Cuomo of course shut "his" Moreland Commission in order to get a budget deal earlier this year, leaving much of the "clean-up" he had promised undone.
The NY Times reports this morning that Albany remains as dirty as ever - and the governor is up to his hairline in the dirt along with everybody else:
Now, eight months after its work was cut short, little in Albany has changed.■ Powerful politicians — including the governor himself — continue to exploit a loophole in state law that allows corporations to funnel huge donations to them in smaller gifts that disguise the true sources of the money.
■ Lax personal financial disclosure laws, critics say, give corrupt legislators a way to mask political payoffs under the guise of part-time jobs. A 2011 reform presented as requiring disclosure of some clients was so narrowly drawn as to be meaningless, and another enacted this year allowed enough wiggle room that lawmakers could well continue to avoid scrutiny.
■ The line between political donations and outright bribery remains murky. Some politicians used their campaign treasuries as piggy banks for personal expenses, the commission’s investigators found, and bank records showed that lawmakers had failed to report some donations and expenditures altogether. A new, beefed-up Board of Elections enforcement unit has yet to show its strength.
Cuomo is essentially taking millions in legalized bribes by exploiting loopholes:
Mr. Cuomo easily won a second term in November. To pave the way for that victory, he raised about $47 million — much of it through the same kinds of enormous donations that the commission was building a case to outlaw.For powerful politicians and the big businesses they court, getting around New York’s campaign donation limits is easy.Emails that investigators unearthed between a fund-raiser for Mr. Cuomo and an executive at Glenwood Management, a developer of Manhattan rental apartments, show how it is done.Corporations like Glenwood are permitted to make a total of no more than $5,000 a year in political donations. But New York’s “LLC loophole” treats limited-liability companies as people, not corporations, allowing them to donate up to $60,800 to a statewide candidate per election cycle. So when Mr. Cuomo’s campaign wanted to nail down what became a $1 million multiyear commitment — and suggested “breaking it down into biannual installments” — the company complied by dividing each payment into permissible amounts and contributing those through some of the many opaquely named limited-liability companies it controlled, like Tribeca North End LLC.The Cuomo campaign reminded the firm later of 10 Glenwood-controlled LLCs that had already made donations.A lawyer for Glenwood, Alan Levine, declined to comment. Ms. Lever, the governor’s spokeswoman, said his campaign “operates within the bounds of the current campaign-finance system.”The torrent of money that flows into New York politics was a central concern for the Moreland Commission, and the LLC loophole was one of the most glaring weaknesses it saw in the campaign-finance system. Investigators subpoenaed several companies known to exploit it, including Glenwood and the Durst Organization, another real estate powerhouse.Documents the investigators obtained provided unusual insight into what watchdog groups had long asserted: Corporations were strategically dividing up huge contributions to maximize their giving — and their influence. The use of limited-liability companies concealed the magnitude of their gifts from public view.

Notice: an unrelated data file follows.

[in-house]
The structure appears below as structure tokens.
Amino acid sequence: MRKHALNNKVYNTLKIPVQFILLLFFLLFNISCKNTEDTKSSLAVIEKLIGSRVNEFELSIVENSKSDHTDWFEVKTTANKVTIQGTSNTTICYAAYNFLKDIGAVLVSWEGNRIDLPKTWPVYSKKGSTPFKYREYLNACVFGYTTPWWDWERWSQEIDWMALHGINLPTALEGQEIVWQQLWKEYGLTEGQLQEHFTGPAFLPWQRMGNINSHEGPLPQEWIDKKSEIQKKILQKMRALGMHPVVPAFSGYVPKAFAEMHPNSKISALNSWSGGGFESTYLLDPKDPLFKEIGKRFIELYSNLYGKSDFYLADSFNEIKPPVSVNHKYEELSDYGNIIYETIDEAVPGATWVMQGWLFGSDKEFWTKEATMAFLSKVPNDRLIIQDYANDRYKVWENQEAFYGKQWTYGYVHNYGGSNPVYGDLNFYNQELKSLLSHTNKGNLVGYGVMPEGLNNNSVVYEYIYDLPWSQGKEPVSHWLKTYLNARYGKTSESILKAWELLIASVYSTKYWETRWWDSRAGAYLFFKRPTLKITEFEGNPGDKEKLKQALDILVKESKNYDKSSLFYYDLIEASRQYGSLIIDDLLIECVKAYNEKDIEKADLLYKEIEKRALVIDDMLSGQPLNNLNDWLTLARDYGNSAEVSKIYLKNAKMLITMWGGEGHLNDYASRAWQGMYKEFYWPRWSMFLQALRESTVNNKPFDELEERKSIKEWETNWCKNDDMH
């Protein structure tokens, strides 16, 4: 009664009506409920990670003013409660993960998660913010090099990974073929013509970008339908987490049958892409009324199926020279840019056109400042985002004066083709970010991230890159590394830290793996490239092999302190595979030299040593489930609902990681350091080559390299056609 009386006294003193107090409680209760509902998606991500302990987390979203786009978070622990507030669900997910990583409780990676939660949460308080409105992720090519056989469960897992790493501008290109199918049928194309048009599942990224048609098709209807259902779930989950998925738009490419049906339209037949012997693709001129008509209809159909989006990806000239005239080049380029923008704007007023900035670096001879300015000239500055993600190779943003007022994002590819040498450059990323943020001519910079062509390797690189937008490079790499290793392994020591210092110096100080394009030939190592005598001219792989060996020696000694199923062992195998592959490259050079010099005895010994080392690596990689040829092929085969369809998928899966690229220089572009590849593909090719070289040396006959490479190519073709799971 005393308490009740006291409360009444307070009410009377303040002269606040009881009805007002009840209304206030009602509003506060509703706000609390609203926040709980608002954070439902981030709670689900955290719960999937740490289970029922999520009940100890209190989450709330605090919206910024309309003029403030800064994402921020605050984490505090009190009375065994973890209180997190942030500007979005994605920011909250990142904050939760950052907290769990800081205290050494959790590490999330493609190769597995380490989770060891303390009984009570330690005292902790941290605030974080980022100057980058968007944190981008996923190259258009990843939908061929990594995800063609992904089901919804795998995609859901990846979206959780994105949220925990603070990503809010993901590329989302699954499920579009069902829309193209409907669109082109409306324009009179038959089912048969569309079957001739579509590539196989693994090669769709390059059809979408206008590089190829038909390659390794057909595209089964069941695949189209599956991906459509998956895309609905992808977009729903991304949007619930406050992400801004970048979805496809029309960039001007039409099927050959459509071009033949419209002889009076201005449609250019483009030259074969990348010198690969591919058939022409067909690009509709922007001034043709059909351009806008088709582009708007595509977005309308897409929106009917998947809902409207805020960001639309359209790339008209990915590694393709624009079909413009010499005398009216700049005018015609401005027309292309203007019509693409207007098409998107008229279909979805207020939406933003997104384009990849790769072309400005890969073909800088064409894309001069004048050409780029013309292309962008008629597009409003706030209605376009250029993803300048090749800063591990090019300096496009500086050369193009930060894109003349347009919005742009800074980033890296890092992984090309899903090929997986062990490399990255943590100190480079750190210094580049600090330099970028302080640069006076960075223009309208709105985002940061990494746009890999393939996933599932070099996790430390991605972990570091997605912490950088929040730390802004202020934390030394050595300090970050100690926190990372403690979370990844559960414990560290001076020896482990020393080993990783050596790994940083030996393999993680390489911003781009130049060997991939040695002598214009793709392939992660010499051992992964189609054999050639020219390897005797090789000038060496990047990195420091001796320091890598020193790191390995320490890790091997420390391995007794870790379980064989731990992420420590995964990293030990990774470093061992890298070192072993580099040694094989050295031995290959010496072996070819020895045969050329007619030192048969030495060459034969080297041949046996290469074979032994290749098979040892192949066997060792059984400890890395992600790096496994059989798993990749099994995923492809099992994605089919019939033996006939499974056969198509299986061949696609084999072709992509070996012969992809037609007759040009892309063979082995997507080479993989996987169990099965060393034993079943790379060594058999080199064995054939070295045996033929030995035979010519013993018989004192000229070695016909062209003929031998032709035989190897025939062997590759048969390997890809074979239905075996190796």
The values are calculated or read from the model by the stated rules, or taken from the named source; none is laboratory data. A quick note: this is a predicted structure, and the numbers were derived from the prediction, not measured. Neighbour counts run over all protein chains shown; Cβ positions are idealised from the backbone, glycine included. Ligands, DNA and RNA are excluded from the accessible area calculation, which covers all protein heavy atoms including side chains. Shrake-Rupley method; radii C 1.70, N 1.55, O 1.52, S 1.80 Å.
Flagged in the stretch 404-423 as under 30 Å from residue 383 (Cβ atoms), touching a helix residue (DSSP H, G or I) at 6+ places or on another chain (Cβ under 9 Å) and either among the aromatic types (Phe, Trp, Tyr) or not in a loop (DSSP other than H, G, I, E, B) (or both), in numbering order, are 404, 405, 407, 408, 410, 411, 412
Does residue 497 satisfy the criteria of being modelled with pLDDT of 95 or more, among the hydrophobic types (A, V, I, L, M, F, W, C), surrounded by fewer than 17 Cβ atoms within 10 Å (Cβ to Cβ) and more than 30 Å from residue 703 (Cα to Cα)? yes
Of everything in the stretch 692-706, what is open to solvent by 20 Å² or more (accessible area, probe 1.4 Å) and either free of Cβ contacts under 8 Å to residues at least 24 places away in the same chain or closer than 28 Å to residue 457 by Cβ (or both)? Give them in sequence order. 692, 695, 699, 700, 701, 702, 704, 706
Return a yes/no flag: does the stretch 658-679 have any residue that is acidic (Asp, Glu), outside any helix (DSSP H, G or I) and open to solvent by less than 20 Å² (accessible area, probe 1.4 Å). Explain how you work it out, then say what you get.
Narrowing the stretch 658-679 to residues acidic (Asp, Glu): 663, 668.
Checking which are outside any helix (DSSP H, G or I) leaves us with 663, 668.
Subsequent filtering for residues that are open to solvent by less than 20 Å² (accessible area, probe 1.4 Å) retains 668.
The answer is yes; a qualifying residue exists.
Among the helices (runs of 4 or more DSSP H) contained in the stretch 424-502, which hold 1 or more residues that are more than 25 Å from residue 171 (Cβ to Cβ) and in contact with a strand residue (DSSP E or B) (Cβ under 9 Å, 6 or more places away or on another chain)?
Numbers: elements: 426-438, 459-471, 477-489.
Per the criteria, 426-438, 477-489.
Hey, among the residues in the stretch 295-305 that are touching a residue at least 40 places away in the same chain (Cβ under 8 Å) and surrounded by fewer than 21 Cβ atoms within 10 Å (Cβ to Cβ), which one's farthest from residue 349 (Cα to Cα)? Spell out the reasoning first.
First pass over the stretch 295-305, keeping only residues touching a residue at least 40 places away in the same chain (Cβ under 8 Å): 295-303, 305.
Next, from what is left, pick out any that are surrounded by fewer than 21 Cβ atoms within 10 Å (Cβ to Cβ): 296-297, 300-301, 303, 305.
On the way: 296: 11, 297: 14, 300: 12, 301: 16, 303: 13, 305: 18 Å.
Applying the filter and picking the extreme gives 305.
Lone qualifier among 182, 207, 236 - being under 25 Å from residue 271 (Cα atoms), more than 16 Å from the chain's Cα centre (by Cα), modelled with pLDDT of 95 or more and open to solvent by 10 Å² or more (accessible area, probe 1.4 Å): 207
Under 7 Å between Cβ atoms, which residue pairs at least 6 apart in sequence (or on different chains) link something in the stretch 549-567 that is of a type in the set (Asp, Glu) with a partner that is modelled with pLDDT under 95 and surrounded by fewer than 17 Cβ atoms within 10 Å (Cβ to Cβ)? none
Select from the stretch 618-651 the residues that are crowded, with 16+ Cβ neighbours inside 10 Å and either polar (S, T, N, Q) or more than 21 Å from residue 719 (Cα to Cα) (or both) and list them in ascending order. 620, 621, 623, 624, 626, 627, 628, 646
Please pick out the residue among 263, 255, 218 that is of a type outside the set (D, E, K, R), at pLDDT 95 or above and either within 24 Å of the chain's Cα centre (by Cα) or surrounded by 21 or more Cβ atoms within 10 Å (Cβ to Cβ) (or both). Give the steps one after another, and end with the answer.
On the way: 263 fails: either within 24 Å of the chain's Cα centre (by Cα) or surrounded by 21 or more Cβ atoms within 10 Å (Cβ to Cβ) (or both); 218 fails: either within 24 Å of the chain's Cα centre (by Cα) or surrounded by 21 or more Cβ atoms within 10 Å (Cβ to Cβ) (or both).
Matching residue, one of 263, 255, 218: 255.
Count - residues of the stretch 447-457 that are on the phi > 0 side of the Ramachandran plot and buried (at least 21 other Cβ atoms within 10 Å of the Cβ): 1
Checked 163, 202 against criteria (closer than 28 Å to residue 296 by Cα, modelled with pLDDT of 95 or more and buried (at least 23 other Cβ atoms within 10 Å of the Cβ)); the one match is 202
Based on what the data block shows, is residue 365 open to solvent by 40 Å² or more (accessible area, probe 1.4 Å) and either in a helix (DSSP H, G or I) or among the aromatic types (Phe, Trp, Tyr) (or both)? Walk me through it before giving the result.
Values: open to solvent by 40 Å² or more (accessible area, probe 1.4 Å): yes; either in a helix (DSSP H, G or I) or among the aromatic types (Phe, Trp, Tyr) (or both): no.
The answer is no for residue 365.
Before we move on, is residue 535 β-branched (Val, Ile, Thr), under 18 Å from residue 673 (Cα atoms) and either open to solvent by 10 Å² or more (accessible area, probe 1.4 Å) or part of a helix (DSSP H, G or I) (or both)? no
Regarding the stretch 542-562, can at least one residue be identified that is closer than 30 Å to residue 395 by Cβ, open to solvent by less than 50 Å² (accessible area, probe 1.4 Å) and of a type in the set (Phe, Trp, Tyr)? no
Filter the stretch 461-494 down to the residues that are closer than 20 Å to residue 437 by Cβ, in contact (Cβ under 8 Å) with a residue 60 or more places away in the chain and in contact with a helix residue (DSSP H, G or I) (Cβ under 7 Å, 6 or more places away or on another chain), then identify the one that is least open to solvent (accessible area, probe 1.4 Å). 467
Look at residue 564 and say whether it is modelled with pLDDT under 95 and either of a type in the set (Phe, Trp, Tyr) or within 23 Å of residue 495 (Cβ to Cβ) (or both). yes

Mr. Cuomo has collected more than $2 million in donations from limited-liability companies, according to campaign finance records. In all, the governor received more than $9 million from LLCs over his entire first term — roughly 20 percent of the $47 million he raised.
When Mr. Cuomo ran for governor in 2010, he characterized large LLC contributions as one of the campaign finance system’s “loopholes,” proposing that such donations be counted against the parent company’s $5,000 contribution limit, to make that limit “meaningful.” In June 2013, he proposed lowering that limit to $1,000 and applying it to limited-liability companies as well.
But Mr. Cuomo has also defended his continued exploitation of the LLC loophole — even if it meant contradicting himself. “Those aren’t loopholes,” he said in July 2013. “Those are the laws that are written.”
Just before his re-election this year, Mr. Cuomo renewed his call to shut off the spigot of LLC contributions, again using the word loophole. But he rejected any suggestion that he model good behavior by voluntarily declining contributions that exploited it.
Albany - as dirty as ever, with Sheriff Andy Cuomo up to his hairline in the corruption and rot.